The application of this concept on modern trades like software development is certainly very interesting. I'm tempted to think that the biggest gain it might have is that one (as the journeyman) can get quick insights into the deep differences between workflows and company culture in the various companies one approaches. I mean, we all know how different the current employer compared to the previous employer can be, now imagine having such a switch every 1-2 weeks.
That said, the clothing is very traditional but still being worn by modern carpenters. I have a friend who does the job, and he always wears those clothes for work. Usually, without the hat and the stick, those are mostly added only for the waltz, however only based on my limited knowledge, I've never been a carpenter here.
these guys are supposed to be working outside, on top of roofs, etc.
the bellbottoms protect you from stuff falling into your boots. sawdust, nails, water, etc.
the hat protects you from sun, etc.
this uniform is meant as the only thing that you travel in. those guys walk and tramp across the country or even europe. their outfit is multifunctional and very, very old. it is meant to make you standout, it signals who you are and what you're doing.
But it served as a nice starting point and ingredient in the soup. Lots of offers (and interesting ones too, nicely fitting with the spirit of the request) already.
This will be a very interesting year.
Barring disasters, in early 2014 I will be leaving the precariat and can stop being the money-grubbing mercenary I've been for the last few years. I don't exactly have fuck you money, but I should be able to get by on less than £~10kGBP / $~15kUSD a year. I'm currently based in London, UK.
Some things I like the idea of working on are Free Software, encrypted / federated communications, Linux audio, C and embedded software. I've dabbled in all of the above but am not particularly accomplished at any of them. My core skills are python / web development, but I've done plenty of other stuff and am willing and able to learn. Hopefully a look at https://github.com/Joeboy will indicate that I am basically able to do computers.
If anybody has a job (or part of a job) for me, please get in touch via my website, which is on my HN user page.
If you poke around, I bet that more professions than you initially suspect have formal or informal apprenticeship or training programs. I've hired reporters who have previously gone through internships or entry-level jobs, which served that purpose. In California, for instance, the state requires that licensed contractors have "at least four full years of experience at a journey level": http://www.cslb.ca.gov/applicants/ContractorsLicense/ExamApp...
The term journeyman is still used in the U.S. to describe plumbers, electricians, etc. as well.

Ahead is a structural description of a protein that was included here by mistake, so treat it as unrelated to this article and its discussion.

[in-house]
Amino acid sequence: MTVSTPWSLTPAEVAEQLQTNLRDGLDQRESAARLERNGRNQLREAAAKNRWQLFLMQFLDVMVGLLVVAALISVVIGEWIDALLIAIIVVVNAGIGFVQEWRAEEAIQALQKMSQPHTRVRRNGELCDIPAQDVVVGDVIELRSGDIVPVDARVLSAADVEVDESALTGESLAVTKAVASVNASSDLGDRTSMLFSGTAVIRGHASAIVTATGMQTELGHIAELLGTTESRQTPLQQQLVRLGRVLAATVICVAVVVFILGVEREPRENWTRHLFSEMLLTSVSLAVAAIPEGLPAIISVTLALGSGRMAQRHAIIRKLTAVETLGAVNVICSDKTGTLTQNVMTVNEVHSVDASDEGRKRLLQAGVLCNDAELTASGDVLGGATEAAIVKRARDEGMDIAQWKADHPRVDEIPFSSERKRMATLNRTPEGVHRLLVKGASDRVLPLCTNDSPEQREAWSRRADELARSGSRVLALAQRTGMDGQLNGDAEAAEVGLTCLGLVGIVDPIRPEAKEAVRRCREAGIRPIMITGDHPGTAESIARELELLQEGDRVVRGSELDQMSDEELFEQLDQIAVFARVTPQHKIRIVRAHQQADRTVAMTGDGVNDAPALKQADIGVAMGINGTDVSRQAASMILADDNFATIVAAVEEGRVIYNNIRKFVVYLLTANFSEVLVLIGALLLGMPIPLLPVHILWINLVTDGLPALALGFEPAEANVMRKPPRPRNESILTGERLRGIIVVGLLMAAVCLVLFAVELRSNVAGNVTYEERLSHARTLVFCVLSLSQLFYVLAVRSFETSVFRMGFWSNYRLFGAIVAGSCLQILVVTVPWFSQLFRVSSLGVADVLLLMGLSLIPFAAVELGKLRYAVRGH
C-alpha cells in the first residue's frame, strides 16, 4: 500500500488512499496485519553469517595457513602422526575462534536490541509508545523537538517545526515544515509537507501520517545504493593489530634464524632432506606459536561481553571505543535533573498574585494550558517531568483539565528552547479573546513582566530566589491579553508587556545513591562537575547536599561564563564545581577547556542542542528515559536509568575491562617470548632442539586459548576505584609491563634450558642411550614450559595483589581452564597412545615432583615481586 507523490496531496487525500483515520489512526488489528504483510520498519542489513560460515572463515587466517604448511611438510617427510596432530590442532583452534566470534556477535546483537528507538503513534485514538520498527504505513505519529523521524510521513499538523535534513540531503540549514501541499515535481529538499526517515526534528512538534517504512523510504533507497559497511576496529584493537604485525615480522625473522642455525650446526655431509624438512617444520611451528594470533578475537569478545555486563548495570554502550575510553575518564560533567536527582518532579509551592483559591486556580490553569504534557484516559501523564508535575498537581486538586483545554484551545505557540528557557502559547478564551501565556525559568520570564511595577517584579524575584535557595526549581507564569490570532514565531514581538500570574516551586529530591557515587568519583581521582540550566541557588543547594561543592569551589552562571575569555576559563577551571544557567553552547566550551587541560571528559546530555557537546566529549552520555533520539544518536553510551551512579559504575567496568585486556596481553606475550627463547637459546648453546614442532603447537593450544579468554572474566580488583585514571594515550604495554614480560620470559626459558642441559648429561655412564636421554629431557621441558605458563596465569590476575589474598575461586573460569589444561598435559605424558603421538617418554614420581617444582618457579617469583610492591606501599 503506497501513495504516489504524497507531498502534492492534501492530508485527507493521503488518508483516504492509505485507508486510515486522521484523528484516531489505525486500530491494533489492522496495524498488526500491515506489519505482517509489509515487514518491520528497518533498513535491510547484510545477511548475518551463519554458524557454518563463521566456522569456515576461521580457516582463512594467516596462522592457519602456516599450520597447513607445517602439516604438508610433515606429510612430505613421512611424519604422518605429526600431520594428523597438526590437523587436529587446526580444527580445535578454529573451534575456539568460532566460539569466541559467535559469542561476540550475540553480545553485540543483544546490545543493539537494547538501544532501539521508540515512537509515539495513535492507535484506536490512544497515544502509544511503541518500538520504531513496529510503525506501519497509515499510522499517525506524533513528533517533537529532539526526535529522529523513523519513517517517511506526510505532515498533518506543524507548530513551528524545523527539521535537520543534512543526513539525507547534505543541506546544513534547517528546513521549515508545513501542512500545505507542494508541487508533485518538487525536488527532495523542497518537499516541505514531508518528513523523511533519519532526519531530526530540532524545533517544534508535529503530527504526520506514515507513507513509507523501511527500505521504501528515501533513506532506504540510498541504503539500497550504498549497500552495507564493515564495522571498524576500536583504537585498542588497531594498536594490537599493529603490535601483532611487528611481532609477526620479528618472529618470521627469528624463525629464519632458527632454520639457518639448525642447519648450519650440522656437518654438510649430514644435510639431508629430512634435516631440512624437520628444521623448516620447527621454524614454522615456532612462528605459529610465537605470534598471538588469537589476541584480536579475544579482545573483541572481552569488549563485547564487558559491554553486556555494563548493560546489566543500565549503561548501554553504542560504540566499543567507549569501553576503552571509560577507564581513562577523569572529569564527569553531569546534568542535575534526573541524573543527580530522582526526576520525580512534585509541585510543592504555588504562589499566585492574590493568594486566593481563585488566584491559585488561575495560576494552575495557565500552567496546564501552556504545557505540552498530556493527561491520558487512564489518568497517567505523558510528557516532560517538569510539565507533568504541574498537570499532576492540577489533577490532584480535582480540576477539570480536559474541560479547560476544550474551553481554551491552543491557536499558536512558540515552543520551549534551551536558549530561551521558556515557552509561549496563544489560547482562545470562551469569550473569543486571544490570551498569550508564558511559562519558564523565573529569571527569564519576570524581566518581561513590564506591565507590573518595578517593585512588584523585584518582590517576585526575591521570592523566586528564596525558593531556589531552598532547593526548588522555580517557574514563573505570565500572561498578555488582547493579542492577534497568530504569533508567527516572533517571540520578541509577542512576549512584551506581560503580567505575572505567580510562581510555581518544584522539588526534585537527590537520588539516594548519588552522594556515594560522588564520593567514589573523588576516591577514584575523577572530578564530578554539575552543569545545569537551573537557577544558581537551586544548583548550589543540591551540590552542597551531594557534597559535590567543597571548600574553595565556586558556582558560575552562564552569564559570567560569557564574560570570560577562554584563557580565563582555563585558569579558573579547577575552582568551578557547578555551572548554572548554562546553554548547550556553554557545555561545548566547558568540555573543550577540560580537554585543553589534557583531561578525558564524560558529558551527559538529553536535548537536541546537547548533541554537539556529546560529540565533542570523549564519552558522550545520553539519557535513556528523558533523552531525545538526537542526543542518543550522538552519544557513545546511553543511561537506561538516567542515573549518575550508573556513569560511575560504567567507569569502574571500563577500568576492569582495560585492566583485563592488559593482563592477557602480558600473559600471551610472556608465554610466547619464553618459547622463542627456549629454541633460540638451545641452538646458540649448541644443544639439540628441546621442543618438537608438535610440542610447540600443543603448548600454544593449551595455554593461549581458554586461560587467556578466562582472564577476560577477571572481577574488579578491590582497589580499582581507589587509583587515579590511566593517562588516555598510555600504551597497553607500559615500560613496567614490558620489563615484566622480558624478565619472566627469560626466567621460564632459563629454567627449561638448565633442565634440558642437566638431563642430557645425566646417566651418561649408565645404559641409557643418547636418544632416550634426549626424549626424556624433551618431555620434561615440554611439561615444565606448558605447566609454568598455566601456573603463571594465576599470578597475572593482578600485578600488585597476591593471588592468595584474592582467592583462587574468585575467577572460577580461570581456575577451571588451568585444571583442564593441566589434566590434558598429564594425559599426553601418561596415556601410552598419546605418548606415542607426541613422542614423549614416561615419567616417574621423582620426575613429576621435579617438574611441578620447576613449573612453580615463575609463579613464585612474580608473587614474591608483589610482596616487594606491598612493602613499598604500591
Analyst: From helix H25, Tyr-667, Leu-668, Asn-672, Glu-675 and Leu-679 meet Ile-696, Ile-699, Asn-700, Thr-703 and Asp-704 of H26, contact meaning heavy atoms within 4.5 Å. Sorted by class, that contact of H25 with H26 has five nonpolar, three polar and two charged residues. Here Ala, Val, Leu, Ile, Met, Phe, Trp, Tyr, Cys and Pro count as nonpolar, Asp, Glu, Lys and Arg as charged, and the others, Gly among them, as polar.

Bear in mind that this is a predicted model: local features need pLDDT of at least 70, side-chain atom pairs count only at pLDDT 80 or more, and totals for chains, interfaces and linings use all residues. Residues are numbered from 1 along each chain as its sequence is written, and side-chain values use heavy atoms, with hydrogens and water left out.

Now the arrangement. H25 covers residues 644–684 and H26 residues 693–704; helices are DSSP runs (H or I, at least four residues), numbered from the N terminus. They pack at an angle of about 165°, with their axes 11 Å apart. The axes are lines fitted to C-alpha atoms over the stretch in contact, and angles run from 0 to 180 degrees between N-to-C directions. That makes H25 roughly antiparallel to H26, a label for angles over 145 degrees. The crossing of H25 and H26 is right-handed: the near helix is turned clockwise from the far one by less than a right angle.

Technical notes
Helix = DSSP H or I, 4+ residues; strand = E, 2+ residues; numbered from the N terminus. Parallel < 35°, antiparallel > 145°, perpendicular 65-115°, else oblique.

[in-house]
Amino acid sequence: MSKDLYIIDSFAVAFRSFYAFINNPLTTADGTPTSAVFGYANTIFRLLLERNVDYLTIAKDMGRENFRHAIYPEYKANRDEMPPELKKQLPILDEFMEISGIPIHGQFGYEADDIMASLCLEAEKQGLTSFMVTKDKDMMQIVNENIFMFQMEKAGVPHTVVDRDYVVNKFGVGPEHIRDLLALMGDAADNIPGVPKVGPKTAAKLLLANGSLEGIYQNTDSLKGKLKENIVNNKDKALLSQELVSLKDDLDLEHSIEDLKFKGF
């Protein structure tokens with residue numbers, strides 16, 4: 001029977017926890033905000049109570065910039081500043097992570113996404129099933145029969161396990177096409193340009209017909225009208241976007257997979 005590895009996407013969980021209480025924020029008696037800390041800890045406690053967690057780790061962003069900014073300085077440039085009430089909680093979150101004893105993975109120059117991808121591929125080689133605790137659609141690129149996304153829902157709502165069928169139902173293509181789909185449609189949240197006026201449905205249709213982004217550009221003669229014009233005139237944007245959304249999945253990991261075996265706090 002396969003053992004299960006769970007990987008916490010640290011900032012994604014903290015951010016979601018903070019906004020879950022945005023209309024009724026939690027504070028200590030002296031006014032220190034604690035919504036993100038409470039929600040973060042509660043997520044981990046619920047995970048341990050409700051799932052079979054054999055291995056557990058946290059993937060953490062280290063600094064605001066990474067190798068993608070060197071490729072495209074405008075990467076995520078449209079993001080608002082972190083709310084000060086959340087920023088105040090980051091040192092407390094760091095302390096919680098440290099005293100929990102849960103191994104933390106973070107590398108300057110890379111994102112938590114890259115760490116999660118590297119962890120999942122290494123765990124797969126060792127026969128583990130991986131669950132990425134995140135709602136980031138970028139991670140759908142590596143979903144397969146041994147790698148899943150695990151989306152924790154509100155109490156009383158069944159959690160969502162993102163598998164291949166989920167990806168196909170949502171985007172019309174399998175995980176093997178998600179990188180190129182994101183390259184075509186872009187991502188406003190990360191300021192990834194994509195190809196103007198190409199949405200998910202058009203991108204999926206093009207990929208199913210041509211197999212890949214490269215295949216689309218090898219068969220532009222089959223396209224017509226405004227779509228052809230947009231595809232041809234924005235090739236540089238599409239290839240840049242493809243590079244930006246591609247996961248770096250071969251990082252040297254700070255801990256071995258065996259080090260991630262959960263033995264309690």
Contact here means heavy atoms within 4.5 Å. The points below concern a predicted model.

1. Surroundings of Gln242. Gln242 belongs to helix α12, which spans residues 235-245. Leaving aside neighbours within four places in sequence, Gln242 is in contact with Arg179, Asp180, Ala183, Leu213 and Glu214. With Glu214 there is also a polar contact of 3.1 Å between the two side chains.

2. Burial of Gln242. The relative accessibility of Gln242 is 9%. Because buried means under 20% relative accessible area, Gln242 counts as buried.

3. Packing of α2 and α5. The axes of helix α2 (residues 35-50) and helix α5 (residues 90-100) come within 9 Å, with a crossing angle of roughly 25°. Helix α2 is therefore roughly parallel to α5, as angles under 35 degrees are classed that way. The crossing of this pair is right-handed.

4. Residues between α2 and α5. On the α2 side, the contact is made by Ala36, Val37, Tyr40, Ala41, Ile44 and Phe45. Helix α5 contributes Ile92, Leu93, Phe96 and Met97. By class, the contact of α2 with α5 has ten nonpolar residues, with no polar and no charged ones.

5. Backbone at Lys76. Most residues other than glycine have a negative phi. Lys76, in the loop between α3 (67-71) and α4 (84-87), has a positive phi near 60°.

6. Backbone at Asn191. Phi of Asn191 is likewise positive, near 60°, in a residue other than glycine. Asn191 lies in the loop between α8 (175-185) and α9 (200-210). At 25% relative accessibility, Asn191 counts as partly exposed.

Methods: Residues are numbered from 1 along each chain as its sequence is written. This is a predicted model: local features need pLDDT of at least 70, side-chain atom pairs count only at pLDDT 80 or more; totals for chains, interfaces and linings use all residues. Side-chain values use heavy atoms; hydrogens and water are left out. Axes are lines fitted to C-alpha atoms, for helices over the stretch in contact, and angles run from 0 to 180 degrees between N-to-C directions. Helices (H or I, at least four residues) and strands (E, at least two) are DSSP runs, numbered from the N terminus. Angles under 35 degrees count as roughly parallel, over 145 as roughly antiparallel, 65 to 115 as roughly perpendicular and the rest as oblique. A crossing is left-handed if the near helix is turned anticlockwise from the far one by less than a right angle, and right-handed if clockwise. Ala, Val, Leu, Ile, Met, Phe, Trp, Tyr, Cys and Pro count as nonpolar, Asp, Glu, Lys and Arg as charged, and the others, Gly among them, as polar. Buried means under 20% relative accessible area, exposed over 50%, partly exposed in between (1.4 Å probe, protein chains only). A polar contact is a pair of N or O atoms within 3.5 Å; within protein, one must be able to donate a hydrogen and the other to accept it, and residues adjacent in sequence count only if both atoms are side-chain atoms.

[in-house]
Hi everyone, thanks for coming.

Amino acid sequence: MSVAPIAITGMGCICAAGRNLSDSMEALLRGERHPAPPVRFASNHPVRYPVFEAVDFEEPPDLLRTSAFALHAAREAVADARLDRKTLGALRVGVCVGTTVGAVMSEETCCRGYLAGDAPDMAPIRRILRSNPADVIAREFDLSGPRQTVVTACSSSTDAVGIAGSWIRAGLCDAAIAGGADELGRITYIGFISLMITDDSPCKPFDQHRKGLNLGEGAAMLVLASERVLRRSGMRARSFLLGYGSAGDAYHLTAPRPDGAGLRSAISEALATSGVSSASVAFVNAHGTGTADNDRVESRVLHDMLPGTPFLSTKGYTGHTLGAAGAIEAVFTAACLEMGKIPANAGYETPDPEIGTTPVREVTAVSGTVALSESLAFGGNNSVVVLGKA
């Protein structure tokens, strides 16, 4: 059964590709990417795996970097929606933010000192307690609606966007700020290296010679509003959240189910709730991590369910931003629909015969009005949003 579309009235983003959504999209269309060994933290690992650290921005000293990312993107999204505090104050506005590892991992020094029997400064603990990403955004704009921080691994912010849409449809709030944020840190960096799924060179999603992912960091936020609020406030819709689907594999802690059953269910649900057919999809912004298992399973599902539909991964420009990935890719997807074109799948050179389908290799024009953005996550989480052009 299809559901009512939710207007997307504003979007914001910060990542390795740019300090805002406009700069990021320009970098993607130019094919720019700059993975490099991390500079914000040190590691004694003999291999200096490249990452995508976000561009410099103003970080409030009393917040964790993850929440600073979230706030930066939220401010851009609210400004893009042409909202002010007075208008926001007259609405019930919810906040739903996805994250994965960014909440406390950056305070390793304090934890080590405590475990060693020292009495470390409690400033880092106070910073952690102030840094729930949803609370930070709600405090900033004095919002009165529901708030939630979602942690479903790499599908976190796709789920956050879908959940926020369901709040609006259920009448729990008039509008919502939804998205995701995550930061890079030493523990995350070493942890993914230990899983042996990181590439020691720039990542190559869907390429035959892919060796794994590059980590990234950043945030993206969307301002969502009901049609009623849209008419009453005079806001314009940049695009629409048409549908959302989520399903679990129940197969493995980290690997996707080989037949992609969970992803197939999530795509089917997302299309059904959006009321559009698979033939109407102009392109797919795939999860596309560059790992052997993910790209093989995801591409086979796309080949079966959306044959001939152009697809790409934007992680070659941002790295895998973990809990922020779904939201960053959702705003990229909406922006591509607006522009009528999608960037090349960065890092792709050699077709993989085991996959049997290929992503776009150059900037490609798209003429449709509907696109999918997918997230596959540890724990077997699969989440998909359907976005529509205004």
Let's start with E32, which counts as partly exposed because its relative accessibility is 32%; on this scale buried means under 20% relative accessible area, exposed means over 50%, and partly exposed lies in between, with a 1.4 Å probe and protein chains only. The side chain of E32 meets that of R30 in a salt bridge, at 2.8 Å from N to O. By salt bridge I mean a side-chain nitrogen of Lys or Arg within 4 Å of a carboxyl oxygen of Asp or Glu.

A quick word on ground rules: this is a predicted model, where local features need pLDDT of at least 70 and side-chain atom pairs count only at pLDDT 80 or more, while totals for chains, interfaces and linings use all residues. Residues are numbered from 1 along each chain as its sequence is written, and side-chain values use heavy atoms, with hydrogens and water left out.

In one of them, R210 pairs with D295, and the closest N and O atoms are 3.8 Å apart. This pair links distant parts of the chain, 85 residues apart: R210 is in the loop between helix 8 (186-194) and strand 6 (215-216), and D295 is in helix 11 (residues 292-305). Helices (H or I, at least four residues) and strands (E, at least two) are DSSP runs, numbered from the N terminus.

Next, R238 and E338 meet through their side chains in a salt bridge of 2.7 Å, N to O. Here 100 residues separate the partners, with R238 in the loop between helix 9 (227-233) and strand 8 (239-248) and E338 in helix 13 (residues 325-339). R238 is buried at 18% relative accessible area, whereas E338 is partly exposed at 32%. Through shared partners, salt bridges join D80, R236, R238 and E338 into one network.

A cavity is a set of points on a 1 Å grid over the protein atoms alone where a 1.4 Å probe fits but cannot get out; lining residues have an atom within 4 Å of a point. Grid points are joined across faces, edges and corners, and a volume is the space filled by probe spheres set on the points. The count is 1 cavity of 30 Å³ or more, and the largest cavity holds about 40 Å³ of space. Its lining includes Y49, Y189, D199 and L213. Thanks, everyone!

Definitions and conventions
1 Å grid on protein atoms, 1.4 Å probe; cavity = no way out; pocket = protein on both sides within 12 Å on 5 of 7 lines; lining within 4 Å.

A professor then is simply a master who, rather than earning a living as a craftsman, has a position and salary paid by a patron or institution. One might compare to a painter who became a salaried court painter, or one who received regular stipends from the Académie de peinture et de sculpture, rather than earning an income from seeking commissions or giving lessons.
I think the common way people view the situation has changed in part because these craft occupations are more difficult to sustain, so you're not really seen as "done" until you've landed a regular full-time job. Like being a painter without a salary, being a lecturer without a salary is nowadays a very precarious position. There used to be enough wealthy patrons paying enough in portrait commissions and tutoring fees for such careers to be make for a decent middle-class living, but it's not a common career anymore, so now people typically either look for a full-time academic position, or look for a full-time job elsewhere. You can temporarily hang around academia as an adjunct lecturer, but it's not a good or stable living.
Closer, but still not quite right. The concept of graduate students is quite a recent one; and until recently the MA was the standard undergraduate degree.
This is still seen at Oxford and Cambridge: After 3 years of study, you write examinations and receive the BA, whereupon you leave the university; 4 years later, you receive the MA. (And until very recently, upon applying to receive the MA you had to certify that you had "continued to practice" in the intervening years.)
Unlike in the U.S., Masters and PhD students are therefore not lumped together as "graduate students". Bachelors and Masters students are instead lumped together as "students", i.e. people who are taking an undergraduate education, often living in dorms, and receiving a small stipend (the SU) to support their cost of living. PhD students, by contrast, are junior research staff, employed with a proper salary (typically ~$50k), living in their own apartments or houses, entitled to attend departmental meetings, etc.
As for your comment, no actuarial science isn't the ONLY profession that works like that. Consider doctors for example. I think same applies to lawyers and Chartered Accountants